Connecting state and local government leaders
Advocates for the trail say there are now over 2,000 miles of segments complete and that more money flowed toward the project this past year.
The group pushing to build a bike and pedestrian pathway that would stretch over 3,700 miles from the eastern seaboard to the Pacific Northwest coast said this week that organizations involved in the project secured more than $4 million in government and private funding for it this past year and completed another 20-plus miles of trail along the corridor.
With that progress, there are now upwards of 2,000 miles of trail segments built on the route. As planned, the trail would cross 12 states, running between Washington, D.C. and Washington state. Supporters say the project would not only provide a route for long distance cyclists, but would also help improve and connect local trail networks that could be used regularly by millions of people living near them.
They also point to the potential for business opportunities and economic development in communities along the proposed corridor. The Rails-to-Trails Conservancy, the main group behind the project, estimates that there is $34 billion in annual economic activity tied to trails in the U.S. and says the sum could grow to $138 billion in future years as trail infrastructure improves.
Ryan Chao, the conservancy’s president, said in a statement that the coronavirus outbreak has highlighted the value of amenities like trails as people look for more activities to do outside, seeking to avoid the risk of catching the virus indoors. “Closing critical gaps in the trail has the potential to deliver significant economic value,” Chao added, “which will be so important as we move beyond the pandemic.”
Groups at the local level are playing key roles in advancing the nationwide trail.
In Iowa, local organizations have been working for the past couple years to build a 9-mile stretch near Des Moines that would fill in a gap between two popular trails that see hundreds of thousands of visits each year—the Raccoon River Valley Trail and the High Trestle Trail.
Mike Wallace, executive director of the conservation board in Dallas County, Iowa said that there are plans and funding lined up for next year to pave another mile of that missing section and to build a major bridge over a creek.
The link between the two trails “is one of the most demanded segments in the state,” according to Andrea Boulton, statewide trails and greenways director for the Iowa Natural Heritage Foundation. She noted that the connection would allow for about 100 miles of continuous travel by trail in central Iowa, while also contributing to the completion of the national project.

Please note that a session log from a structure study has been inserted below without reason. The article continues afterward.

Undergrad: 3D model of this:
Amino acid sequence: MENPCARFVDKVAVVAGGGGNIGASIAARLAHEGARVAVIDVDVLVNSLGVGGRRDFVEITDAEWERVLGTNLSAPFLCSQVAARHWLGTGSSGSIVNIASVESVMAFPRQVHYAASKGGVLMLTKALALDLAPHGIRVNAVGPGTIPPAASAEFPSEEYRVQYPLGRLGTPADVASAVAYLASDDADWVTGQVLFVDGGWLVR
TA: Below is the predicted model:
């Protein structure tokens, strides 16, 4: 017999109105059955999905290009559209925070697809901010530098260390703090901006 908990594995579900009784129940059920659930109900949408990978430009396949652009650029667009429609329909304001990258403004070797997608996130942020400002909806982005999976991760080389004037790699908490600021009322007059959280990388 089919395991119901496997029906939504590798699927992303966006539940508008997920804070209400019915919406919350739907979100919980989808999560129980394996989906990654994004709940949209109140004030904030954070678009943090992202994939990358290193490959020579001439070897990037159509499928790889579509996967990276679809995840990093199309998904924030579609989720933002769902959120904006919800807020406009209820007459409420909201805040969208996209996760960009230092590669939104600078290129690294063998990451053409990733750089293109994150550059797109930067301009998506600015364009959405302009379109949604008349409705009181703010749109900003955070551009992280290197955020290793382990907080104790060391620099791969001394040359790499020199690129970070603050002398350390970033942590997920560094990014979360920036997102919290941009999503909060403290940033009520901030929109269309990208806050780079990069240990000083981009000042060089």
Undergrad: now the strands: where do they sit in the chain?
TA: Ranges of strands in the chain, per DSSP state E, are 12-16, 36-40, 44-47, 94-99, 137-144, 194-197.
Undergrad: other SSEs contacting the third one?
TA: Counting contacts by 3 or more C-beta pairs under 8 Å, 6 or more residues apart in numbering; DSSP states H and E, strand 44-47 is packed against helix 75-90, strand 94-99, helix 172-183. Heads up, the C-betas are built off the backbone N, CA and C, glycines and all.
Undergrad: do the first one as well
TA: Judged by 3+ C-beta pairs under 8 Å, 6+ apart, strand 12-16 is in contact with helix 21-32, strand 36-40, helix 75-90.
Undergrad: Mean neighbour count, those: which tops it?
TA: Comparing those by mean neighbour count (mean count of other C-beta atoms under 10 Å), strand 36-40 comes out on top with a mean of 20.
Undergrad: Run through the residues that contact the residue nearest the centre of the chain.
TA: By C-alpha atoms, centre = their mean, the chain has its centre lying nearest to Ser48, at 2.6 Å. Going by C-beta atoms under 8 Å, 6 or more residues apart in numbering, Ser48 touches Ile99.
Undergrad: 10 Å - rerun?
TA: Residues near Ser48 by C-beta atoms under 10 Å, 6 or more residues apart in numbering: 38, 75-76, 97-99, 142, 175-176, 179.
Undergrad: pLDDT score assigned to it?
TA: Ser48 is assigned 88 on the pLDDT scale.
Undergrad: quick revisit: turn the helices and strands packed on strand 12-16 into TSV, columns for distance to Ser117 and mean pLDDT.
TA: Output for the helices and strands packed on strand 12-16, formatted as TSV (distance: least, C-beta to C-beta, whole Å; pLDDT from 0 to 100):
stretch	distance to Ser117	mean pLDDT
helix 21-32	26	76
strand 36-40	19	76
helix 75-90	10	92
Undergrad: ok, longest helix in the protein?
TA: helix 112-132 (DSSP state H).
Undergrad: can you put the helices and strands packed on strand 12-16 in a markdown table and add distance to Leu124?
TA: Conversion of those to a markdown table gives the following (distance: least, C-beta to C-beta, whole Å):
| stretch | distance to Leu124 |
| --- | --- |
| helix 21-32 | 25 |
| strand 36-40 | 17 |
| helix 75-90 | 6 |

Brittany Helmbrecht, president of the Northwest Nebraska Trail Association described during an online event the Rails-to-Trails Conservancy held this week some of the latest progress on the state’s Cowboy Trail, extending about 321 miles west from Norfolk, Nebraska. About 192 miles of the trail features an improved limestone surface. The state’s Game and Parks Commission bills the trail as the largest rails-to-trails conversion project in the country.
Helmbrecht explained how the Nebraska Northwestern Railroad recently granted an easement along an active railway so the trail could be extended about 5 miles into Chadron, a city in northwest Nebraska.
“We’re really excited for what this trail means for our community,” she said.
The Rails-to-Trails Conservancy has acknowledged that the full cross-country trail will likely take years to complete. It unveiled its proposed route for the project in mid-2019. Seeing the project through will involve not only constructing new sections of trail, but also carrying out upgrades on existing segments along the corridor.
In the east, travelers along the proposed trail route would move along the Chesapeake and Ohio Canal National Historical Park towpath in the Washington, D.C. and Maryland region.
Robin Zanotti, president of the C&O Canal Trust, said this week that about 40 miles of an 80-mile, five-year resurfacing plan for that trail was now complete. She noted that funds have flowed from the state and the National Park Service to help pay for upgrades.
“It’s not really all that safe, in certain places, for most of us,” Zanotti said of the towpath's condition. “One of the things that was important to us in doing this resurfacing was accessibility.”
President-elect Joe Biden, as part of his climate and infrastructure agenda, has proposed creating a “Civilian Climate Corps” to work on a range of conservation-oriented projects, including trails. It’s far from clear when and if a proposal like that has any chance of getting enacted, or how the initiative might help to support the transcontinental trail project.
Bill Lucia is a senior reporter for Route Fifty and is based in Olympia, Washington.
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